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A rodeo clown's job can be quite dangerous – here is rodeo clown Eddie Phillips being gored by a bull.
Flint Rasmussen, a famous rodeo clown
A rodeo clown assisting a junior calf rider.

A rodeo clown, also known as a bullfighter or rodeo protection athlete, is a rodeo performer who works in bull riding competitions. The primary job of the rodeo clown is to protect a fallen rider from the bull, whether the rider has been bucked off or has jumped off of the animal. The rodeo clown distracts the bull and provides an alternative target for the bull to attack. The clowns expose themselves to great danger in order to protect the cowboy. To this end, they wear bright, loose-fitting clothes that are designed to tear away, with protective gear fitted underneath. [1] Staying true to the earlier name of the job, rodeo clowns often wear clown makeup and some may also provide traditional clowning entertainment for the crowd between rodeo events, often parodying aspects of cowboy culture.

Rodeo clowns were a part of rodeos and agricultural shows for many years. They were hired to entertain the spectators between events and to help manage the bullocks, steers or bulls in the arena.[2] In the 1930s, with the introduction of aggressive Brahman bulls and Brahman crossbreds, the job became much more serious.[1] In the late 20th century, acknowledging the great danger faced by the profession, the term "bullfighter" began to replace the name "rodeo clown" in formal use.

Rodeo clowns require speed, agility and ability to predetermine a bull's next move when possible.[1] The job is very dangerous because the regular exposure to large, athletic bulls, exposes a rodeo clown to a range of potential injuries from the bulls. As a result, injuries are common and can be fatal.

The rodeo clowns enter the rodeo arena on foot, before the bull is released from the bucking chute. They stand on either side of the chute as the bull is released and work as a team to distract the bull and thus protect the rider and each other.[1] Their role is particularly important when a rider has been injured, in which case the rodeo clown interposes himself between the bull and the rider, or uses techniques such as running off at an angle, throwing a hat, or shouting, so that the injured rider can exit the ring. When a rider has been hung up, they face the extremely dangerous task of trying to free the rider, with one team member going to the bull's head and the other attempting to release the rider.[1]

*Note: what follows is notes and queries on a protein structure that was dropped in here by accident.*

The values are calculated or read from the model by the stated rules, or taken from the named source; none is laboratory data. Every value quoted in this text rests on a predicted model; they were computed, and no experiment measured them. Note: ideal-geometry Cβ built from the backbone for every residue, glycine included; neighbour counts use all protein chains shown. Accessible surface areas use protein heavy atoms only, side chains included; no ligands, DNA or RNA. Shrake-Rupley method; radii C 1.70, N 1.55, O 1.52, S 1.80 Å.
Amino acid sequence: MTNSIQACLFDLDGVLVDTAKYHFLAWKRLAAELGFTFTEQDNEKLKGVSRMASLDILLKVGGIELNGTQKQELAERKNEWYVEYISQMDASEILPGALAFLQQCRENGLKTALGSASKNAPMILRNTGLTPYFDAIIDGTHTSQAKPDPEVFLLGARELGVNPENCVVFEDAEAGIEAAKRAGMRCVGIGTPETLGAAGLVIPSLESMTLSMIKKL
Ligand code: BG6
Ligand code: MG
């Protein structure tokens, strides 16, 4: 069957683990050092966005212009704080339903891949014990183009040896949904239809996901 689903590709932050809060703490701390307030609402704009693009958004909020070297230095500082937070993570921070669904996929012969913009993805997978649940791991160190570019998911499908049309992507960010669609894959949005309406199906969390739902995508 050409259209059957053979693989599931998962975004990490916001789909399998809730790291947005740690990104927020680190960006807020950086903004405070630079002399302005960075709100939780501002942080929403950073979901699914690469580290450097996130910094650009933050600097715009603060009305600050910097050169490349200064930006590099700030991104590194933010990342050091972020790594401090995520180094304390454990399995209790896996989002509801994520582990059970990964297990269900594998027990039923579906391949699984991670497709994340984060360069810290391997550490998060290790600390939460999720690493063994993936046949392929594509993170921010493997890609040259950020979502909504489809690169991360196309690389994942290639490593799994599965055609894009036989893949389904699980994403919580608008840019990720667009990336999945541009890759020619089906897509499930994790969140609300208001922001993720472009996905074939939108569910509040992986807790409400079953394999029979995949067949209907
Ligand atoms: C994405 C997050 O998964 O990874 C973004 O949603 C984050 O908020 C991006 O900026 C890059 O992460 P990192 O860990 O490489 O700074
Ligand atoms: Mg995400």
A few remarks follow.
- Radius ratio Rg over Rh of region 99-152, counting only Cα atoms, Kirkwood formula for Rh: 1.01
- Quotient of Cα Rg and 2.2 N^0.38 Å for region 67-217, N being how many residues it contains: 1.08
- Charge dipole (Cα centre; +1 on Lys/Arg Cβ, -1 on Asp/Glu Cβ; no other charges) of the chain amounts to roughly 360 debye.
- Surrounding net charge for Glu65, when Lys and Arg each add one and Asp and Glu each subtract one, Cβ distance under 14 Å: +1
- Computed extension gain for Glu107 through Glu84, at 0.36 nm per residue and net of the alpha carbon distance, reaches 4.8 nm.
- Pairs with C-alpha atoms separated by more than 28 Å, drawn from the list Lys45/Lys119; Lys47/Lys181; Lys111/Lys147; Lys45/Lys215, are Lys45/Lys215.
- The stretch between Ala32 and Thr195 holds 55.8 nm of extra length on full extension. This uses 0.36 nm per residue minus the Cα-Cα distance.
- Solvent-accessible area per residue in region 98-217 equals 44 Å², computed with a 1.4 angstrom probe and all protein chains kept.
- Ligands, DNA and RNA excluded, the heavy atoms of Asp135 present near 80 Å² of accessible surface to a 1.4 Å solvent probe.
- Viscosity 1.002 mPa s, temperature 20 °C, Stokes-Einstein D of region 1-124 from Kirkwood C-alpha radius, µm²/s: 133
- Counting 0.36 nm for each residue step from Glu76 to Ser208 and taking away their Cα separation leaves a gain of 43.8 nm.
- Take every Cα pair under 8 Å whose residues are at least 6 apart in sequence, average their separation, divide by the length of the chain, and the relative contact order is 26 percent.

Typically, rodeo clowns work in groups of two or three, with two free-roaming rodeo clown and sometimes a third, often more clownish-behaving team member, who is known as the barrel man. The barrel man uses a large padded barrel that he can jump in and out of easily, and the barrel helps to protect the rodeo clown from the bull. In Australia, rodeo clowns generally do not use barrels.

When not working to protect bull riders, rodeo clowns also have their own competitions.[3] Bulls are turned into the arena and the clown works with the animal, evaluated based upon the aptitude he displays in controlling and maneuvering the bull, precision in jumping the bull, contact with the bull, and handling of the barrel.[4] Similar skills are sometimes displayed at traditional rodeos in intermission acts.[1]

Well-known rodeo clowns include Flint Rasmussen, Quail Dobbs, Johnny Tatum, Jimmy Anderson, Rudy Burns, Miles Hare, Cajun Kidd, Buck LeGrand, Rob Smets, Leon Coffee, Duane Hargo, movie actor Slim Pickens and Australians Matt Darmody, Shane 'Maddog' Simpson and Nathan Marshall.

Schools exist to provide training for potential rodeo clowns.[1] The profession gained major notoriety in the film Shakes the Clown.

See also

References

  1. ^ a b c d e f g Groves, Melody; "Ropes, Reins and Rawhide", University of New Mexico Press, 2006, ISBN 0-8263-3822-4
  2. ^ Hicks Jenny, “Australian Cowboys, Roughriders & Rodeos”, CQU Press, Rockhampton, QLD, 2000
  3. ^ Professional Bullfighters
  4. ^ "The First Dickies National Championship Bullfighting Qualifier Kicks Off In Cheyenne" PBR web site, accessed August 1, 2009
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